What was advertised in a colonial American newspaper 250 years ago this week?
“We have therefore reprinted a few Hundreds.”
Throughout January and February each year the number and frequency of newspaper advertisements for almanacs tended to taper off, though some printers and booksellers did continue their efforts to sell surplus copies and turn expenses into revenues. Each day that passed meant that more of the contents, especially the astronomical calculations, became obsolete. Based on their advertisements, retailers expected that most colonists would purchase their almanacs before a new year commenced or very shortly after.
That made an advertisement in the February 16, 1769, edition of the New-York Journal rather unusual. Instead of announcing that he still had copies of “FREEMAN’s ALMANACK” for sale, John Holt announced that he planned to print more copies in order to meet the ongoing demand. “Having been much called for since the first Edition has been all sold off, And many People being not yet supplied,” Holt explained, “We have therefore reprinted a few Hundreds, which will be ready for delivery To-Morrow, at the usual Prices.” This raises several questions about the production and distribution of Freeman’s New-York Almanack. When did it sell out? How long did it take Holt to decide to issue a second edition? How many prospective customers, especially retailers who indicated they would purchase copies by the dozens, approached Holt about printing a second edition?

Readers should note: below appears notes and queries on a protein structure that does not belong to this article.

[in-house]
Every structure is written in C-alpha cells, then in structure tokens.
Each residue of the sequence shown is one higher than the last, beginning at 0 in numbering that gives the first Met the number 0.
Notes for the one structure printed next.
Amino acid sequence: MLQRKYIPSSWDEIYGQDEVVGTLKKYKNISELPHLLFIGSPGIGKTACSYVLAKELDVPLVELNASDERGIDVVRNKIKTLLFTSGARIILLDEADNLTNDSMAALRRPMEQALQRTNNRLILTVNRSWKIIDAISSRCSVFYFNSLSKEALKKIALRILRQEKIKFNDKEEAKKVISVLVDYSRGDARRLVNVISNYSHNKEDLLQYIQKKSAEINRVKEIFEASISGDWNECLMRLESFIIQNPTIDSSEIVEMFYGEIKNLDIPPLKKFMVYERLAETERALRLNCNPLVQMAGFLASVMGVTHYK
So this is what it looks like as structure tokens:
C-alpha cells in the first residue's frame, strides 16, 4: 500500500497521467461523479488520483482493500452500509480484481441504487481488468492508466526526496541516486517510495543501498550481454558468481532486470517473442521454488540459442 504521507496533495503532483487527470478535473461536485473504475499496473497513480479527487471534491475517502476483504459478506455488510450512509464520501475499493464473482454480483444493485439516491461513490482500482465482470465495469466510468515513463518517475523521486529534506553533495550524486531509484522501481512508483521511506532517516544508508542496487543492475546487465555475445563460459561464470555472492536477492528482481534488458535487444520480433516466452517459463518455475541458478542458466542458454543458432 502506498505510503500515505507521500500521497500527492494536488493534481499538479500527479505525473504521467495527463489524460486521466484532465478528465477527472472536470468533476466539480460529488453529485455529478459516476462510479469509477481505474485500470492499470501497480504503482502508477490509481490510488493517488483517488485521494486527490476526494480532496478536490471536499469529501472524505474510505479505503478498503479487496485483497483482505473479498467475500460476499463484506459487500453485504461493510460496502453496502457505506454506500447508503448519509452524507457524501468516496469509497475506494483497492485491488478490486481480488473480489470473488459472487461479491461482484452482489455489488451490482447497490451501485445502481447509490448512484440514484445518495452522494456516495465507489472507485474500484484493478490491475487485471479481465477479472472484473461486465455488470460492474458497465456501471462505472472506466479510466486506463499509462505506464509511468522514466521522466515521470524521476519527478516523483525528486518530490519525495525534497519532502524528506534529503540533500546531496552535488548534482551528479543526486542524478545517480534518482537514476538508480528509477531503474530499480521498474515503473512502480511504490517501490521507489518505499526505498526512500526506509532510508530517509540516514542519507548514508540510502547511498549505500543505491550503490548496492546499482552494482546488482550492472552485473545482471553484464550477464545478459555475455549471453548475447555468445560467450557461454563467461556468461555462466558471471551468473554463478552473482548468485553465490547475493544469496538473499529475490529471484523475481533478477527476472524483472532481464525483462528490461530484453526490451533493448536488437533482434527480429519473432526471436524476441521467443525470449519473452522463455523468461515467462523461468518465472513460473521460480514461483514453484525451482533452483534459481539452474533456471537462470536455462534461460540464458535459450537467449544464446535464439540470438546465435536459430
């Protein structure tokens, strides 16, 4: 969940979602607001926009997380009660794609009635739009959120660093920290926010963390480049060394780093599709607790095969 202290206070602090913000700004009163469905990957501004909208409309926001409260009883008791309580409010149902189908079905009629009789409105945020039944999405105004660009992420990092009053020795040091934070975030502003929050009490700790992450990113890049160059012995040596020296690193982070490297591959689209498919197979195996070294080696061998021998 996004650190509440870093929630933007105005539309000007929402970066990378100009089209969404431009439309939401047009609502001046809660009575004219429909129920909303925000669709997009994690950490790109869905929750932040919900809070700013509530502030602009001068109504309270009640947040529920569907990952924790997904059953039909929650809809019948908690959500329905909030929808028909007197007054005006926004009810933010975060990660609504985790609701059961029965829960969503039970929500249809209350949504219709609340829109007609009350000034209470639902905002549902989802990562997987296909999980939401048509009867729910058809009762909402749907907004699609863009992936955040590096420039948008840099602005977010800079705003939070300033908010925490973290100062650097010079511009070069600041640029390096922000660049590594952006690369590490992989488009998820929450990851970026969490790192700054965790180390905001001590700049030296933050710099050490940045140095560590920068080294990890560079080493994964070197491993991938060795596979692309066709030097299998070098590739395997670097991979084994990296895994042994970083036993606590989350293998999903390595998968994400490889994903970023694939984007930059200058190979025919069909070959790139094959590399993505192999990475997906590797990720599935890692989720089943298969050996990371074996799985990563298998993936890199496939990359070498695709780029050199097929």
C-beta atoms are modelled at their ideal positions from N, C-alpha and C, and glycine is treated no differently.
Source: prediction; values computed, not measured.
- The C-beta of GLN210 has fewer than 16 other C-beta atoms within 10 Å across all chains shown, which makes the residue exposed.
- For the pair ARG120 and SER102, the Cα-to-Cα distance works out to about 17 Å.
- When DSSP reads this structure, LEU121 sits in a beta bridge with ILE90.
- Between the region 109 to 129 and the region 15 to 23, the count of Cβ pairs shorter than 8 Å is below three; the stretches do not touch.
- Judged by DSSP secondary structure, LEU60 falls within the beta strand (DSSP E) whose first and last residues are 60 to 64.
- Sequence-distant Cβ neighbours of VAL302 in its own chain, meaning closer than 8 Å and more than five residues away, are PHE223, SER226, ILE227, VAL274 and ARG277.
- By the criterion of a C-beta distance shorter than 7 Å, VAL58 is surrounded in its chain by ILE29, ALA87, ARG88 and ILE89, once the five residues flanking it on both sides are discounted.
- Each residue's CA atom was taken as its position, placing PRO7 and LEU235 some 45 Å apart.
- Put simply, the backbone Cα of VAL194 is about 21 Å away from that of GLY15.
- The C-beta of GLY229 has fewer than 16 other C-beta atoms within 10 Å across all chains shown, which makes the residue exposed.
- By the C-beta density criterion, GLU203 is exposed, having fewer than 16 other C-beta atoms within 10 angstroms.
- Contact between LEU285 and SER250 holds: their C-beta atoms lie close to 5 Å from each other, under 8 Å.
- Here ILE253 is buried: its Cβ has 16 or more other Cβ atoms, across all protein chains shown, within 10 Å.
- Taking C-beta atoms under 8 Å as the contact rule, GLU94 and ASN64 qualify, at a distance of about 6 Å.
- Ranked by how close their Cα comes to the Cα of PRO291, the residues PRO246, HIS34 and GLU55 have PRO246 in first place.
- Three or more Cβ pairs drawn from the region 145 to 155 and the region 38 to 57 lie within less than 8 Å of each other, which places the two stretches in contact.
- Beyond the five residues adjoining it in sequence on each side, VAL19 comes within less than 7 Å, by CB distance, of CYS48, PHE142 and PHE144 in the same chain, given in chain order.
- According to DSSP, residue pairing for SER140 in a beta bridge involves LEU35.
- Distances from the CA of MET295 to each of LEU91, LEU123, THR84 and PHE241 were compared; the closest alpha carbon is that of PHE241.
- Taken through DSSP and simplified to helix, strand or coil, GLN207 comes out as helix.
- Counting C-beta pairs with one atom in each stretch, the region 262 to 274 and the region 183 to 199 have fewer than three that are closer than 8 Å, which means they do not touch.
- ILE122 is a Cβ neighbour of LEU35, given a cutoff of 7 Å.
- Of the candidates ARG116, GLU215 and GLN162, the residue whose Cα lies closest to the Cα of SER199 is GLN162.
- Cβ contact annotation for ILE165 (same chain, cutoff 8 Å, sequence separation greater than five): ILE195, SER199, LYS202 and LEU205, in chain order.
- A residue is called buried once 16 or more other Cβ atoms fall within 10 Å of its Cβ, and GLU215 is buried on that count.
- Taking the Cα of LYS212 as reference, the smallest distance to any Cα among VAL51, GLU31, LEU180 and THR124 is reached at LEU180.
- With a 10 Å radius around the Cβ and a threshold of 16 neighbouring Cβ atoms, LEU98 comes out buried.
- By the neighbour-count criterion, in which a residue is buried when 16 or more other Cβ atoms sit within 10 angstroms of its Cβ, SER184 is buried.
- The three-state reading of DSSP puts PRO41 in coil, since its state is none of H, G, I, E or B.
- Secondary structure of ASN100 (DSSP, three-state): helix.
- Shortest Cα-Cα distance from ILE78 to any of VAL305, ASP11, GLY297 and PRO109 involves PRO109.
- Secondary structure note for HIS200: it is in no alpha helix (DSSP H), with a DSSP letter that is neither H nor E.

The entire enterprise seems suspicious. Even though the almanac included contents that retained their value throughout the year – such as “Times of the Courts in New-York, New-Jersey, Philadelphia, Connecticut, and Rhode-Island” – seven weeks of 1769 had elapsed. It seems strange that consumers voiced so much demand for this almanac at the same time that printers and booksellers ceased advertising almanacs and further attempts to sell any remainders. Did Holt actually issue a second edition? Or did he devise this announcement to make Freeman’s New-York Almanack seem like it had achieved extraordinary popularity in hopes of bamboozling readers into purchasing his surplus stock? Or could this notice have been his first attempt at marketing almanacs for the following year, planting the idea that Freeman’s New-York Almanack for 1769 was still in such high demand that prospective customers needed to acquire Freeman’s New-York Almanac for 1770 as soon as they saw it advertised in the fall? Holt’s advertisement deviates so significantly from others that appeared in newspapers throughout the colonies that it merits skepticism.